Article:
By Cameron Brown
Theresa May has put to bed months of speculation by announcing that she will seek to hold a “snap” general election on June 8. In a statement outside Number 10, she told the country that there would be a vote in the House of Commons on Wednesday afternoon to agree the poll.
Jeremy Corbyn, leader of The Labour Party, said he welcomed the decision, and suggested his MPs would back the Commons motion. For the most part, Theresa May and her team have played down the prospect of an election for quite some time. Her main argument had been that an election would be a significant distraction from the task of delivering Brexit.
With the UK still reeling from the Scottish independence referendum in 2014, the last general election in 2015, and the EU referendum in 2016 too, the view from Westminster was that the public would not take kindly to a government asking them to rush to polling stations for the fourth year in a row.
But we now see that calls for the prime minister to capitalise on the chronic weakness of the opposition Labour Party have proved too tempting.
A quick and comprehensive election victory, which the polls have consistently suggested would be the most likely result, will help silence critics of her approach to Brexit and allow her to negotiate with a more comfortable majority than the slim 17 the Conservatives work with today.
Achieving a new mandate
The justification for holding an early general election has always been clear for Team May: exploit Labour’s decline, significantly weaken its parliamentary position, and achieve a mandate by winning a renewed and larger majority – putting an end to any questions over the prime minister’s legitimacy.
There is no better illustration of just how weak her mandate is than last month’s U-turn on national insurance for the self-employed. This perfectly demonstrated the problems of governing on a new policy platform, combined with the practical difficulties of enacting any changes with such a small majority in the Commons.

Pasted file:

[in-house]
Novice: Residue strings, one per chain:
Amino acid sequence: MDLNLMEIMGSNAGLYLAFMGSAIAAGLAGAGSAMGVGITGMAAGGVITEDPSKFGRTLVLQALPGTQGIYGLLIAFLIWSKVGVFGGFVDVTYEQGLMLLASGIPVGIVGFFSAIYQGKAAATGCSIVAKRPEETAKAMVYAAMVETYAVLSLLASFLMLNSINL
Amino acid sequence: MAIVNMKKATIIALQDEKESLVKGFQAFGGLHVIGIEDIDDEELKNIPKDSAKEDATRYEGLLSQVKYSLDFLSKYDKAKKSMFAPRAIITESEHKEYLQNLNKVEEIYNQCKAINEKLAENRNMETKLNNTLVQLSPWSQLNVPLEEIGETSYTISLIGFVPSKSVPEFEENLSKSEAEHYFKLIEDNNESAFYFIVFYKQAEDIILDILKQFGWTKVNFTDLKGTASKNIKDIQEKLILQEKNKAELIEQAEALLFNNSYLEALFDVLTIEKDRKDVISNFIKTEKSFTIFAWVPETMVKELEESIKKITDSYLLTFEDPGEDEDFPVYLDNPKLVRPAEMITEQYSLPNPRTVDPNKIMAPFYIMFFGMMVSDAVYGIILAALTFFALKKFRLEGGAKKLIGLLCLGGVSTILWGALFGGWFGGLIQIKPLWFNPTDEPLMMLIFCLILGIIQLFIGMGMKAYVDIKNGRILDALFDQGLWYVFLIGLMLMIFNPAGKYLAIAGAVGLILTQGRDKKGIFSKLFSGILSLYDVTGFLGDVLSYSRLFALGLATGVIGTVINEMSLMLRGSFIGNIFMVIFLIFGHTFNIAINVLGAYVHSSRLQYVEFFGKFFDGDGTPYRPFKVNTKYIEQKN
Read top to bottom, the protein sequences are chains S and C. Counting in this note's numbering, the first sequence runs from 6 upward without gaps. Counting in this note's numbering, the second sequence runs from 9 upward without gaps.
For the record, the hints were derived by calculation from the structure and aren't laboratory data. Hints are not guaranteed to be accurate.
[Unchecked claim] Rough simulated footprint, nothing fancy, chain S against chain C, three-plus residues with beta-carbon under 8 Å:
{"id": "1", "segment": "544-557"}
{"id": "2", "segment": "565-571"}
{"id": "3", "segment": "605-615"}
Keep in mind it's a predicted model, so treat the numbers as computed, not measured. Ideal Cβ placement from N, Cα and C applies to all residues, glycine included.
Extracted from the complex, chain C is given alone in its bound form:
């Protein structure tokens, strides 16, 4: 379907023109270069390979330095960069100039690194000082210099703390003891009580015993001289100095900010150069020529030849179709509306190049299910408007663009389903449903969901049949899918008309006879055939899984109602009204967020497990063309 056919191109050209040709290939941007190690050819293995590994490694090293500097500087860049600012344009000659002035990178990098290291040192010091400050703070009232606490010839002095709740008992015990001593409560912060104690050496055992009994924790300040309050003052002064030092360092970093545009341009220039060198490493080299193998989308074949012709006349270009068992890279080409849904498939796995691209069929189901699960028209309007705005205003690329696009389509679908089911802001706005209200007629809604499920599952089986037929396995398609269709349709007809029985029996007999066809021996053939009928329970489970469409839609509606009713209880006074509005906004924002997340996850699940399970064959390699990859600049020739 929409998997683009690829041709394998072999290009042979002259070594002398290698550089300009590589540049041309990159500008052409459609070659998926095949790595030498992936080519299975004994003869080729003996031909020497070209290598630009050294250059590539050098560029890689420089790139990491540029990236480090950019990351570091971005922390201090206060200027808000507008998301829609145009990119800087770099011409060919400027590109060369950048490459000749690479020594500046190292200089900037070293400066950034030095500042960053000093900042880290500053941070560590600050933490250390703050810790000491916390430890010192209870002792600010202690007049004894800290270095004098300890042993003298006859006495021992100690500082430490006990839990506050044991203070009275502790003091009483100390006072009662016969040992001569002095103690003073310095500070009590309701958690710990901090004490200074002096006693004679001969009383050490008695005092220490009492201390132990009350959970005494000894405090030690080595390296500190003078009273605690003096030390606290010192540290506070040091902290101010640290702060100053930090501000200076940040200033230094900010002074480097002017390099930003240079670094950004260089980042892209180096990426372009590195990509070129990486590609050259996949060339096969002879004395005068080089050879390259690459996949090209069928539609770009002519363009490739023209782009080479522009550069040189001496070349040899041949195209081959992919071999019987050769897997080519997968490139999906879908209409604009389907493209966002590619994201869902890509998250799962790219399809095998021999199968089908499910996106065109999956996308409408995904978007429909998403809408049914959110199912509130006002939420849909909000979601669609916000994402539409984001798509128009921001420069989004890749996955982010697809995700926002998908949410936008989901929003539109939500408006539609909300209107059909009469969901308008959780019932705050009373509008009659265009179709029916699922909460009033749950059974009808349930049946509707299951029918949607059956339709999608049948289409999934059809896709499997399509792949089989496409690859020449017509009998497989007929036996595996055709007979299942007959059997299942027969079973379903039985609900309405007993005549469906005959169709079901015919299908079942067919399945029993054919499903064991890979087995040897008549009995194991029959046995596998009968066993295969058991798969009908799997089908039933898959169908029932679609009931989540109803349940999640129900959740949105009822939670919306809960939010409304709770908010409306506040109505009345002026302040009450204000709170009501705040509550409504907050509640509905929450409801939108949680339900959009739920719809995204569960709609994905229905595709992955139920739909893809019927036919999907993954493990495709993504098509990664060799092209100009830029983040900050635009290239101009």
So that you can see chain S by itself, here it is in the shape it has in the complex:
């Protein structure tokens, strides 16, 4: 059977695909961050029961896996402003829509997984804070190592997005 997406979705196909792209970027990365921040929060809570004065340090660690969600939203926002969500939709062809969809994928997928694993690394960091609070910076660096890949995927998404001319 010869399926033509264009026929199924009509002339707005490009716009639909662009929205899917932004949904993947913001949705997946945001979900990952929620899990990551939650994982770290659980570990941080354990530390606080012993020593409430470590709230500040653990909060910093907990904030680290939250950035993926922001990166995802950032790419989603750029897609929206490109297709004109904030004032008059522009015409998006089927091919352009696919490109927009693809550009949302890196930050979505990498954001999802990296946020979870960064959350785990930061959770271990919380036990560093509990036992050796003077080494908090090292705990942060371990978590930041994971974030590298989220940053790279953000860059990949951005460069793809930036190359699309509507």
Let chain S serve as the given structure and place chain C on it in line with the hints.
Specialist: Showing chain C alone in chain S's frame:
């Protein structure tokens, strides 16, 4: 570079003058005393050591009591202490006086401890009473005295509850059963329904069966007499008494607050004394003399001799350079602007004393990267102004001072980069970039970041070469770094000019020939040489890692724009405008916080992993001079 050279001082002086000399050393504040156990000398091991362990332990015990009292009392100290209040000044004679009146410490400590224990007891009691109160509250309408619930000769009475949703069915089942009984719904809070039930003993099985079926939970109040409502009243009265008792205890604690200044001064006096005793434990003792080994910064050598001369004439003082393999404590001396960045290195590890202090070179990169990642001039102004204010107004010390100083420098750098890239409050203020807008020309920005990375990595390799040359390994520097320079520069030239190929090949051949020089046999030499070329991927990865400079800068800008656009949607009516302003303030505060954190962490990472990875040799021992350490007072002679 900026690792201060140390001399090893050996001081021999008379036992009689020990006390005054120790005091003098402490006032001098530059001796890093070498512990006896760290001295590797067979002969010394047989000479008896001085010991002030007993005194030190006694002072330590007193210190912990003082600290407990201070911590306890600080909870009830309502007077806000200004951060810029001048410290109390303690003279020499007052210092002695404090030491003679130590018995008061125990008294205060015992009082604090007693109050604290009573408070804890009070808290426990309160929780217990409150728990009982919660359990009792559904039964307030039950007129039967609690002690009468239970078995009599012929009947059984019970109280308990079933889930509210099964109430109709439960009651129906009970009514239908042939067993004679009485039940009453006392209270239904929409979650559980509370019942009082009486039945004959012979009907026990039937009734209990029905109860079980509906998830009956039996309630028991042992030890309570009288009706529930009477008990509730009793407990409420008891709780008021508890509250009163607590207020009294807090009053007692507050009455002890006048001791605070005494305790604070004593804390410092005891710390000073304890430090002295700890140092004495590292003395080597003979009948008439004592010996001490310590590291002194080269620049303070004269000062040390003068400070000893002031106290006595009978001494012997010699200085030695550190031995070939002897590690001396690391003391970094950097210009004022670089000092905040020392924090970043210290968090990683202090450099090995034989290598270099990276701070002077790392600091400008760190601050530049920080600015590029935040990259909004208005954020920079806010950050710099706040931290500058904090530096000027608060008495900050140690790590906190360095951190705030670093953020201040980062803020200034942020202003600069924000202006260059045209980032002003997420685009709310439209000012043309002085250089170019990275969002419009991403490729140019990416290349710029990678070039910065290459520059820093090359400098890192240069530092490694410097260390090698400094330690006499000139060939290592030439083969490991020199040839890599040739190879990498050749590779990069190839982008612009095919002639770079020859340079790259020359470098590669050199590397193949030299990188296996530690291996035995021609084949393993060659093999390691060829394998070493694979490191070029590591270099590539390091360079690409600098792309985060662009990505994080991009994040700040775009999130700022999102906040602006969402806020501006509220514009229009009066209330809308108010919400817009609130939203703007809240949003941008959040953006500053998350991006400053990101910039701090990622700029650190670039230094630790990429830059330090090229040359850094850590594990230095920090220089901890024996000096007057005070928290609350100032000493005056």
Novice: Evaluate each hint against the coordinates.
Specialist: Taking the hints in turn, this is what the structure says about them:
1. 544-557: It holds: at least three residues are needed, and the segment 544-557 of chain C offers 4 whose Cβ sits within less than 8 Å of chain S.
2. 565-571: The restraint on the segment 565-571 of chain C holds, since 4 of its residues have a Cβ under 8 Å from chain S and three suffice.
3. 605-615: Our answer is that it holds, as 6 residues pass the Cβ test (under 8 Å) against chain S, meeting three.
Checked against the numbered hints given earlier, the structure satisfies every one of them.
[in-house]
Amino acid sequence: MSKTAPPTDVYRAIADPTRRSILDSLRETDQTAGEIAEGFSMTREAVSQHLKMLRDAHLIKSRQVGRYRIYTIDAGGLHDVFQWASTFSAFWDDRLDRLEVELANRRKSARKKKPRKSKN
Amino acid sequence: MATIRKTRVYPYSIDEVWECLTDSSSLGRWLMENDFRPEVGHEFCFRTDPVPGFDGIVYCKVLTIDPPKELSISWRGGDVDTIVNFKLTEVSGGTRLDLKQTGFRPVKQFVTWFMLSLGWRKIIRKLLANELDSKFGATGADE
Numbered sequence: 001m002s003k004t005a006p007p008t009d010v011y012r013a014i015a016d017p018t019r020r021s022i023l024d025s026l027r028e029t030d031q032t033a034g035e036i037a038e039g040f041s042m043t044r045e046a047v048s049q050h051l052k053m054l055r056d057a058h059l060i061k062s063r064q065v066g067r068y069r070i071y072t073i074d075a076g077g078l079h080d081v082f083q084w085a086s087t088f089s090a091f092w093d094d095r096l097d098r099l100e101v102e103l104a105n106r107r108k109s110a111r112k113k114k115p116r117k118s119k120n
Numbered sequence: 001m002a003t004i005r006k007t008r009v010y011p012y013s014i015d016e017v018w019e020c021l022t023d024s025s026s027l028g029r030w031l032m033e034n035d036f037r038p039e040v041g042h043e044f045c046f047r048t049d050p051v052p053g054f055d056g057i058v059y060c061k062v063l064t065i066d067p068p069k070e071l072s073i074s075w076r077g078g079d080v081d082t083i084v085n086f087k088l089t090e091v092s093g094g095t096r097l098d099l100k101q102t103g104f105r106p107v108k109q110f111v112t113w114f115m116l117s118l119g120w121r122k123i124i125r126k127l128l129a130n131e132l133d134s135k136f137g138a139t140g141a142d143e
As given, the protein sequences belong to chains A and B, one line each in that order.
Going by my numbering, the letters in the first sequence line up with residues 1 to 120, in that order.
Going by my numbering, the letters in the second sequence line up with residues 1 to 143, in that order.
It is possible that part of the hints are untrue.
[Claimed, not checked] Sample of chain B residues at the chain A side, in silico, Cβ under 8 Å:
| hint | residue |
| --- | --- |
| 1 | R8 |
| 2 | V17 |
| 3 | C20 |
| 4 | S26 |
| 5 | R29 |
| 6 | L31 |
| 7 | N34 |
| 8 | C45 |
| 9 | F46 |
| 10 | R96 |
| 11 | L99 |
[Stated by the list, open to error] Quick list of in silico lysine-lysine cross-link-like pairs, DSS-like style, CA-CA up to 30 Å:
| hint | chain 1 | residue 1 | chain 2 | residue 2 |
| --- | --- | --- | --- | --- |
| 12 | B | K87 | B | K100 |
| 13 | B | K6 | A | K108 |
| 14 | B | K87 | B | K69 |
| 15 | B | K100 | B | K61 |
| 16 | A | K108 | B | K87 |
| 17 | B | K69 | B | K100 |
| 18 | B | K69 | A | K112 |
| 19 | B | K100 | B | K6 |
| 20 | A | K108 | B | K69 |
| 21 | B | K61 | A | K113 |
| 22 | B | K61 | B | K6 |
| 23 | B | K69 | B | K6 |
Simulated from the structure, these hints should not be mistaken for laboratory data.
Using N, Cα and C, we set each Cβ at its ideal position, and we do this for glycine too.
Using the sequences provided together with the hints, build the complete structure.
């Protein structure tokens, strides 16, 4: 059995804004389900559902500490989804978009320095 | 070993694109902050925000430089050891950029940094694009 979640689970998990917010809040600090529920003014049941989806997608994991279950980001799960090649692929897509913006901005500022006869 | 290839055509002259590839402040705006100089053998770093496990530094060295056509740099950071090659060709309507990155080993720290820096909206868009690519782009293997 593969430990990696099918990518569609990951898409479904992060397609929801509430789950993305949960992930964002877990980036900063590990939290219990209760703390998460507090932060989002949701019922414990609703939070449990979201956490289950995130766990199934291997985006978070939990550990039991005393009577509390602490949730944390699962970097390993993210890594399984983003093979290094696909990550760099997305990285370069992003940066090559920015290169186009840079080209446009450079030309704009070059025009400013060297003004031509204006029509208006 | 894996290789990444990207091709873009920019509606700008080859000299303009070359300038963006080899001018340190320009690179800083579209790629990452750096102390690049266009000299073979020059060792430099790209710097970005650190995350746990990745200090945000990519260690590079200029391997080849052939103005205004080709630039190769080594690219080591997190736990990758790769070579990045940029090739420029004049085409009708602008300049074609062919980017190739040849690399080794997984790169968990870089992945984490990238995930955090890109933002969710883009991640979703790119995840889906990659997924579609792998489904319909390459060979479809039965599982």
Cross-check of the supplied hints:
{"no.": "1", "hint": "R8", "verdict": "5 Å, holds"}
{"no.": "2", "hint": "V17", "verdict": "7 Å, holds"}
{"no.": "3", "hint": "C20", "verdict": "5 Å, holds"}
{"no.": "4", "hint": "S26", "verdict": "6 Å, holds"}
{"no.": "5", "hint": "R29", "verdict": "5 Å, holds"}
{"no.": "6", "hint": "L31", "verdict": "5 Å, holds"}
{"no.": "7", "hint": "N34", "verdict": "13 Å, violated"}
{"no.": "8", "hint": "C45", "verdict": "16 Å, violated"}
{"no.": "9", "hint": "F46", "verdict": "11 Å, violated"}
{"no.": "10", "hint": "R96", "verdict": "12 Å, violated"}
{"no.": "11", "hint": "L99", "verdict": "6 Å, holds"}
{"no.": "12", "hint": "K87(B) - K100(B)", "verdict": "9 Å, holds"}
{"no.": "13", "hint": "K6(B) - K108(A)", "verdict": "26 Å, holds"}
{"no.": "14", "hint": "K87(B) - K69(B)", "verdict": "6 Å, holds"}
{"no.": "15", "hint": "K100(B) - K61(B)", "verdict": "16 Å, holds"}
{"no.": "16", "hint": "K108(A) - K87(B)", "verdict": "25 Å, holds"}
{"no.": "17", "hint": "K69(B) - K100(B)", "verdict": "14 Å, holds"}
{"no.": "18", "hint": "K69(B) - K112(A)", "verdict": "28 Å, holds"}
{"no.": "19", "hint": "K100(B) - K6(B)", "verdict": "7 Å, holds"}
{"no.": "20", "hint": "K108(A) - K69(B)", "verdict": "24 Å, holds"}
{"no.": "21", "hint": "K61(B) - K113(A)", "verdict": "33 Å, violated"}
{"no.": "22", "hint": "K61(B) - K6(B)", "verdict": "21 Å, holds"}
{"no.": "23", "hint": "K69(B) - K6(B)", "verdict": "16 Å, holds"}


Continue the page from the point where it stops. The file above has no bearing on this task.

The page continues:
At the moment, May is limited to the election promises of a manifesto which belonged to someone else. This election presents an opportunity for her to set her own agenda for government, and amass enough support to push through the Great Repeal Bill – the first stage in ending the application of EU law in Britain. This will include renewal of opportunities to use the Salisbury Convention to compel the Lords to vote in favour of policies included in an election-winning manifesto.
The prime minister is acutely aware that divisions in her party over Europe have claimed the political careers of three predecessor Conservative prime ministers. We might therefore expect Brexit to be an existential threat to her, but so far this has not dented her popularity.
What the poll is telling the PM
Unusually for any mainstream party leader in recent years, May has been doing well in the eyes of the public, with her party ahead in the polls by 20 per cent on a good day. This figure includes two polls showing leads of 21 per cent in the past few days. Her personal approval ratings make sour reading for Labour also, with May boasting 50 per cent to Corbyn’s 14 per cent.
A uniform swing on the scale suggested by the polls would result in Theresa May returning to Number 10 with a colossal 120 seat majority – more than enough to weather the ensuing Brexit legislative storm.
It’s no secret that, operationally, the Conservative Party has been gearing up to fight an election for some time. The signs were always there: party agents were being allocated to seats, advisers appointed, literature ordered, and canvassers out in force. Prospective Tory MPs were even handed the very early deadline of March 24 to apply to be on the approved list of candidates.
To top it off, Sir Lynton Crosby, mastermind of the 2015 campaign, had already been spotted in party headquarters, further fuelling speculation of a possible snap poll.